By 1909, Egon Schiele started to paint portraits. In his use of non-naturalistic colour and unusual angles, these portraits already highlight Schiele’s unique vision, for example, ‘Standing Female Nude with Crossed Arms’ (1910). As well as Gustav Klimt, the influences of Edvard Munch and Vincent van Gogh can be seen in this early work. In 1912 Schiele was briefly imprisoned charged with indecency due to the explicit nature of his paintings.
With the outbreak of the First World War, he was enlisted to serve in the Austrian Army and could not continue his painting whilst in military service. Egon Schiele died in the influenza epidemic of 1918.
Egon Schiele’s paintings, whether portraits, self-portraits or nudes convey a sense of both the physical and the emotional. His numerous self-portraits, frequently adopting awkward sexual postures, seem to suggest a profound unease with the body and distress at its limitations. His use of striking colours and linear technique help create this feeling of anxiety. In his most powerful portrayals of the male and female form the figures express in their postures, and in his use of pencil, gouache or watercolour, emotions from despair through to passion.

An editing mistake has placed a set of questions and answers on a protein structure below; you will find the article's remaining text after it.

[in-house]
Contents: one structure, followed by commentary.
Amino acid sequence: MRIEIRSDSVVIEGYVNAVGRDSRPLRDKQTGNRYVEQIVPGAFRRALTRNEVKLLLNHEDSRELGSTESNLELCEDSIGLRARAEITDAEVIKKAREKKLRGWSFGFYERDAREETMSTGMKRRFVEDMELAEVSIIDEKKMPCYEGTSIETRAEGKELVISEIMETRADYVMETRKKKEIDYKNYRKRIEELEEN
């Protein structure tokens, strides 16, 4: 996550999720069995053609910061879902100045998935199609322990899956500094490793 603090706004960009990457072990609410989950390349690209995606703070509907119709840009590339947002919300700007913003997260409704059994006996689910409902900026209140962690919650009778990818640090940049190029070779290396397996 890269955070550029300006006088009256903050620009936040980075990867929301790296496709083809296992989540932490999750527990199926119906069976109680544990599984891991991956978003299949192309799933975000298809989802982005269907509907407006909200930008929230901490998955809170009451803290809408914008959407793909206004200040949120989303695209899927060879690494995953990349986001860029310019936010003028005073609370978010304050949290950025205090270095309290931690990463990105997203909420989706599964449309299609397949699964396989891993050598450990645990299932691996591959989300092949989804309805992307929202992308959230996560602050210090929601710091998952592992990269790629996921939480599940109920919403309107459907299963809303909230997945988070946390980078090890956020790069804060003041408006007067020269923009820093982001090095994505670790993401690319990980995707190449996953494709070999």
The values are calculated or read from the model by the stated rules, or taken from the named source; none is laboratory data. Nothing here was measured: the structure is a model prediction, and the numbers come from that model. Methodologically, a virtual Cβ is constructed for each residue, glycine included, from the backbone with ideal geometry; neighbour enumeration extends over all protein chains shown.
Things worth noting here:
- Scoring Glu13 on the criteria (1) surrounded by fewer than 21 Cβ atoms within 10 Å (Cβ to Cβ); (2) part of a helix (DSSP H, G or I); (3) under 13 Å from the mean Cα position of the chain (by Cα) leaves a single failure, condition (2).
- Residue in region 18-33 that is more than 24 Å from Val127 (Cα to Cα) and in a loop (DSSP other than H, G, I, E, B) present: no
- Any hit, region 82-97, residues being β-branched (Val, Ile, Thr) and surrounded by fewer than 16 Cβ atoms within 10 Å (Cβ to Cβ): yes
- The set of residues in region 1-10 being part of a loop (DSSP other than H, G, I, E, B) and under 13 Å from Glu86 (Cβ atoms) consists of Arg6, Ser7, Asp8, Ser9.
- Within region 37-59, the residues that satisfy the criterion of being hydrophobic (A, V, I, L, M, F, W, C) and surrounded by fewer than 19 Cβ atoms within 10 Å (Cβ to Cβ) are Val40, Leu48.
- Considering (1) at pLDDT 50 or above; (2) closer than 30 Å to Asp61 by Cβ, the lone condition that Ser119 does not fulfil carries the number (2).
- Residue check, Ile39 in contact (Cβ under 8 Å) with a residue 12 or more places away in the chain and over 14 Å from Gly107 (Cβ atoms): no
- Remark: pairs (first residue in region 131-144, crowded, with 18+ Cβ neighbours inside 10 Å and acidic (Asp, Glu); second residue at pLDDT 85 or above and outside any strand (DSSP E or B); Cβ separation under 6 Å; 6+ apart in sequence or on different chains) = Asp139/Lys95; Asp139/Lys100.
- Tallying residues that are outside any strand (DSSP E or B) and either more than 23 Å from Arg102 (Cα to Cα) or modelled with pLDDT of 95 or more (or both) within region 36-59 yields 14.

Egon Schiele received a certain amount of success in his lifetime, but his work was not truly appreciated outside of Austria until the Sixties when it was agreed that he was one of the most important exponents of Expressionism.